Children’s Advertising And Privacy In The Metaverse
The stakes described above are amplified for children because they are a uniquely vulnerable population. As Senator Ed Markey and U.S. Representatives Kathy Castor and Lori Trahan put it in a recent letter to the Federal Trade Commission, “Research indicates that children struggle to identify embedded advertising in video content. This raises concerns that they may experience similar difficulties identifying marketing in VR.” They argue that this could lead to marketing practices that are “inherently manipulative of children.”
Relatedly, several VR offerings are not positioned as products meant for children but are nevertheless used by the under-13 audience. Companies should consider implementing strong guardrails to keep children out of adult-only environments. And for environments that are meant for children, businesses should be following the protections and safeguards laid out for children in the Children’s Online Privacy Protection Act (COPPA). In addition to privacy protections and appropriate advertising limitations, these considerations include preventing harms such as bullying, harassment, predation, violence or exposure to adult activities.
What This Means For Businesses
While this new technology is in an evolving growth mode, I suggest that businesses and nonprofits apply the same advertising and privacy practices as they do in the typical online world.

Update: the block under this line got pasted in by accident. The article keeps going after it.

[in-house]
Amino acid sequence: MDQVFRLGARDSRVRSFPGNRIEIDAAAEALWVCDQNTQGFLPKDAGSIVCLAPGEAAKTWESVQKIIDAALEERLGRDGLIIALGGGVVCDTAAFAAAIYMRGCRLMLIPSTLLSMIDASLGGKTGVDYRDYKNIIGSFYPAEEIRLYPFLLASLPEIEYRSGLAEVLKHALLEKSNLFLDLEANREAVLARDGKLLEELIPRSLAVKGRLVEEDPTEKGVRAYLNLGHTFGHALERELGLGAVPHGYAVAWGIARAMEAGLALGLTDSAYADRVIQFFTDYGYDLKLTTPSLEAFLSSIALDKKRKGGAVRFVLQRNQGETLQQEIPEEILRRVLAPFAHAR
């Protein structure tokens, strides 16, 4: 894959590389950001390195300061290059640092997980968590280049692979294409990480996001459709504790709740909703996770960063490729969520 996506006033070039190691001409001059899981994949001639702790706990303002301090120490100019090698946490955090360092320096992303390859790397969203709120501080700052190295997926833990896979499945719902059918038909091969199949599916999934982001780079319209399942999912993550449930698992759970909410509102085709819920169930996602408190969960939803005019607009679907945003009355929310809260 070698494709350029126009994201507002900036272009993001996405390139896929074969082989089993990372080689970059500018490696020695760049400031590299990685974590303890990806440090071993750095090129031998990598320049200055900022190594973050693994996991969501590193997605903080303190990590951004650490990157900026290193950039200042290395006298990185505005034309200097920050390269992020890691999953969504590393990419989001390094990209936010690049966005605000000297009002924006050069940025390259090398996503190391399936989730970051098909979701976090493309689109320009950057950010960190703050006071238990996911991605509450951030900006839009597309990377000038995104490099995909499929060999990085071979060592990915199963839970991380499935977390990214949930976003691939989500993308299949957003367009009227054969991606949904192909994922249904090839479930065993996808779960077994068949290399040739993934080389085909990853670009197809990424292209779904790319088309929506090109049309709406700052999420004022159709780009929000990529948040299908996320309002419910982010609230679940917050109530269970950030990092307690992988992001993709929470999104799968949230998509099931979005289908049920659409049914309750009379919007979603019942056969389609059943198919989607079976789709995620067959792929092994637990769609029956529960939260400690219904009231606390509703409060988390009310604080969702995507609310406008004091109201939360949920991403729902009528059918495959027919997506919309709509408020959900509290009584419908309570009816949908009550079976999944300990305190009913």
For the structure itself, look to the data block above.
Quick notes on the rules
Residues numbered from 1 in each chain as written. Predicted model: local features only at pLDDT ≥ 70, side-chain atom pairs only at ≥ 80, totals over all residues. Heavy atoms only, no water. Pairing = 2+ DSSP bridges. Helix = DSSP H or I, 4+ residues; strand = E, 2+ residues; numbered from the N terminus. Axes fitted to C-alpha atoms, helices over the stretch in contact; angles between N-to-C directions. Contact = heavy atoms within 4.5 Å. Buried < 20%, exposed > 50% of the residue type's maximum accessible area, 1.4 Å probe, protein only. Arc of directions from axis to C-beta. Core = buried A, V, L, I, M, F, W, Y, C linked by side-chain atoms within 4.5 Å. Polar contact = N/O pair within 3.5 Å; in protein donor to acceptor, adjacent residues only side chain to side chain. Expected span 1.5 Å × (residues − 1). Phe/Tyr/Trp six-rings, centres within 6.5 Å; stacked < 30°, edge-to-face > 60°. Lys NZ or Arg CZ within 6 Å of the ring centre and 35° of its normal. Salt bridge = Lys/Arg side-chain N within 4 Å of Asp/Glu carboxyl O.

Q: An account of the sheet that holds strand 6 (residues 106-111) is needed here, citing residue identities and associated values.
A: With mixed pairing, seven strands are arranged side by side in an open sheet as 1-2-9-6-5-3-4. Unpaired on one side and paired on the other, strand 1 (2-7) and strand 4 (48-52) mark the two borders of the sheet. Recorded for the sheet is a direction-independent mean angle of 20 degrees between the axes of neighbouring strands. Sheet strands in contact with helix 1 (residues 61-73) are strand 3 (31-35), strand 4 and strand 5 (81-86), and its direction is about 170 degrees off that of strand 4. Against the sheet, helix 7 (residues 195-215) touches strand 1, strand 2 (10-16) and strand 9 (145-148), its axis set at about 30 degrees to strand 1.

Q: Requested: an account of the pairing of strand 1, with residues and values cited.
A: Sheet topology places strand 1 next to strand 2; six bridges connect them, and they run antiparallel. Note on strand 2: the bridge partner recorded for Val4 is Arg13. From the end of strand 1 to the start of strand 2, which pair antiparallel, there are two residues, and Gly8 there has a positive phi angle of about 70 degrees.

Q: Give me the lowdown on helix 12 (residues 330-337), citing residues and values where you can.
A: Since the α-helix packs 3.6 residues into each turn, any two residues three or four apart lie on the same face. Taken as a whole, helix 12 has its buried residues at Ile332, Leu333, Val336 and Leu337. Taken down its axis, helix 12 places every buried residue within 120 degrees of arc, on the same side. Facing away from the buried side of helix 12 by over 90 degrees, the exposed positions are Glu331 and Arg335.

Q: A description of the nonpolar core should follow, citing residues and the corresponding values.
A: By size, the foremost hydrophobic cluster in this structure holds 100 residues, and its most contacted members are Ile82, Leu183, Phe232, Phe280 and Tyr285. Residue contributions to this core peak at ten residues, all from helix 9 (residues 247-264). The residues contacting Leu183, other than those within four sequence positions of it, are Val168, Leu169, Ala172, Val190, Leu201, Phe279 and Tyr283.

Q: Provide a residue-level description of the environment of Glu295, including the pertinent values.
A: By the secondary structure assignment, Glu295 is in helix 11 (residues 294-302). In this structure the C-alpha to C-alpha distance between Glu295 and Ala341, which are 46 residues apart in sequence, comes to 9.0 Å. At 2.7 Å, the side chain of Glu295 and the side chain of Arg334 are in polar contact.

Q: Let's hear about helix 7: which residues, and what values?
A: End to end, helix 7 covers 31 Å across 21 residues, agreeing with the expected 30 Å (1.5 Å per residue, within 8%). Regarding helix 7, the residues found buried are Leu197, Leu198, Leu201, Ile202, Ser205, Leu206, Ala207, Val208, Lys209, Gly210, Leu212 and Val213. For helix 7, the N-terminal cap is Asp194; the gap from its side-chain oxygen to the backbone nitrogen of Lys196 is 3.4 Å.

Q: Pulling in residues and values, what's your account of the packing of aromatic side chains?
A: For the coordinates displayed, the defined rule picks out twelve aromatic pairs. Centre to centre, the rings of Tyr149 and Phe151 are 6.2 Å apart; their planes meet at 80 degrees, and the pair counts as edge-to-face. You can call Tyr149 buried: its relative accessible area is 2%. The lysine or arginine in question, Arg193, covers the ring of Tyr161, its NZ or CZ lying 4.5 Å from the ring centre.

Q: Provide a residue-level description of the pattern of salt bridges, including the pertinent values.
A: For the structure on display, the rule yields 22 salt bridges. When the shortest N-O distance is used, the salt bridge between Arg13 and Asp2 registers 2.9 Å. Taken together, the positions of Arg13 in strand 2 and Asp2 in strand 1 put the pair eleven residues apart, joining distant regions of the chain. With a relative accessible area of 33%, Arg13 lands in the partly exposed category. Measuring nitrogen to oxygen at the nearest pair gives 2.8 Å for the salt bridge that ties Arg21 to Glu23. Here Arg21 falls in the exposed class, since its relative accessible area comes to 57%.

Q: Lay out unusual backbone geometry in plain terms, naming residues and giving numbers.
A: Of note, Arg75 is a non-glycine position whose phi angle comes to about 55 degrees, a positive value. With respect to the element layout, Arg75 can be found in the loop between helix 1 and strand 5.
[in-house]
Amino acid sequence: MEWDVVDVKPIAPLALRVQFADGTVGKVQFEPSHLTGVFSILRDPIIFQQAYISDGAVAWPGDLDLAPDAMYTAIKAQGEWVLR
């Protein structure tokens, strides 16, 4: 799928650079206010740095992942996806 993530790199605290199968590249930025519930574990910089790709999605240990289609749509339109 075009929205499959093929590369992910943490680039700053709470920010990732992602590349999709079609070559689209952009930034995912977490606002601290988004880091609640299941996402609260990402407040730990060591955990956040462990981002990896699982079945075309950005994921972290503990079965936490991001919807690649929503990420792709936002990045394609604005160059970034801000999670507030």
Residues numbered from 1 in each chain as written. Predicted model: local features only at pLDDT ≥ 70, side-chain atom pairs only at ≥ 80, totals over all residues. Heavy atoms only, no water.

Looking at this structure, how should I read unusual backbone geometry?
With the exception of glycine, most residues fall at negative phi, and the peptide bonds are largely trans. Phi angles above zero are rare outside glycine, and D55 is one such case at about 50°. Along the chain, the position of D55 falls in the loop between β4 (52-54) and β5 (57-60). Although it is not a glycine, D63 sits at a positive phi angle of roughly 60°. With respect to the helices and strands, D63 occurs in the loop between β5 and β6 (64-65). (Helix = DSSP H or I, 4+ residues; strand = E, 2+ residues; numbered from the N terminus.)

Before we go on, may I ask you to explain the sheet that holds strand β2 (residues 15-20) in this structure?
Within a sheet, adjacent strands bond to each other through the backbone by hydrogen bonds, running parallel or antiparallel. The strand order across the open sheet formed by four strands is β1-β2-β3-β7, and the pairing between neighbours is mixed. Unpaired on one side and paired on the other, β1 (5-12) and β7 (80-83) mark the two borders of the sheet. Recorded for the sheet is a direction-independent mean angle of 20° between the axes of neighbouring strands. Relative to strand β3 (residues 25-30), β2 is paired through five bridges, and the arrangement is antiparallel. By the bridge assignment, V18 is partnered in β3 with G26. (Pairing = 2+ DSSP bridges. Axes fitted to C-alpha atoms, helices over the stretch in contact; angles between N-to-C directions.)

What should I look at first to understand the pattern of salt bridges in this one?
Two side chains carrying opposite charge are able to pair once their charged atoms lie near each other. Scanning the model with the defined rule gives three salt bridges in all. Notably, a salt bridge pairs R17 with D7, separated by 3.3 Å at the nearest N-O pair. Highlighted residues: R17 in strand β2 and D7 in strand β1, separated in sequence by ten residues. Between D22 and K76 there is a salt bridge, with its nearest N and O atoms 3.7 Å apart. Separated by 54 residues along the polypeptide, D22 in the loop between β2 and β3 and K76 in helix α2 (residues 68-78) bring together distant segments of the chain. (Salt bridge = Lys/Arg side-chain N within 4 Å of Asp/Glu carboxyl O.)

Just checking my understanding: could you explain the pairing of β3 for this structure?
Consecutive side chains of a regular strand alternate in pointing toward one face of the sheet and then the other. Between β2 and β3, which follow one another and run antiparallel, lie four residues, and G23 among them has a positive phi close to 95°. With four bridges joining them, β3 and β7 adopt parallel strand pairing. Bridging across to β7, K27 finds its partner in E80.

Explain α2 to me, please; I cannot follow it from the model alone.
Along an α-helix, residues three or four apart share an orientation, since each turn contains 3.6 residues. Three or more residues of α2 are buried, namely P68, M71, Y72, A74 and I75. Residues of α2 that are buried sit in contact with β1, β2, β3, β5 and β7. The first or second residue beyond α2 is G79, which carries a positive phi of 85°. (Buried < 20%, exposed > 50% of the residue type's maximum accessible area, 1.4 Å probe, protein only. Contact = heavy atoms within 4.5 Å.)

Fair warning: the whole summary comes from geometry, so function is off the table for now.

Make sure your advertising is truthful, non-deceptive and clearly identifiable as advertising. This means that proper, easily viewable disclosures are important, not only in ads, endorsements and brand-building events, but also in influencer content. As a reminder, influencers cannot be misleading in their promotion of the product or service. And ask influencers to clearly disclose their relationship to the sponsor. These disclosures must be hard for consumers to miss.
For privacy, this means following the web of relevant state and federal laws and disclosing the data you are tracking, collecting or sharing. Consumers are already seeing this to an extent with targeted advertising, but because the metaverse introduces so many more ways to track and evaluate consumers, there is greater potential for businesses to personalize a user’s virtual environment, making these disclosures more important. Businesses should also be sure to adhere to relevant biometric privacy laws and have a compliance strategy to implement consumer data rights.
Regulating the metaverse will require active involvement and coordination among business leaders, policymakers and consumers, necessitating a new paradigm of cooperation and accountability. This all begins with the companies themselves. I encourage businesses to come together to identify problem areas and develop self-regulatory systems and safeguards to both protect consumers and encourage continued innovation in this evolving space. As the metaverse itself continues to evolve, so too must the rules of the road.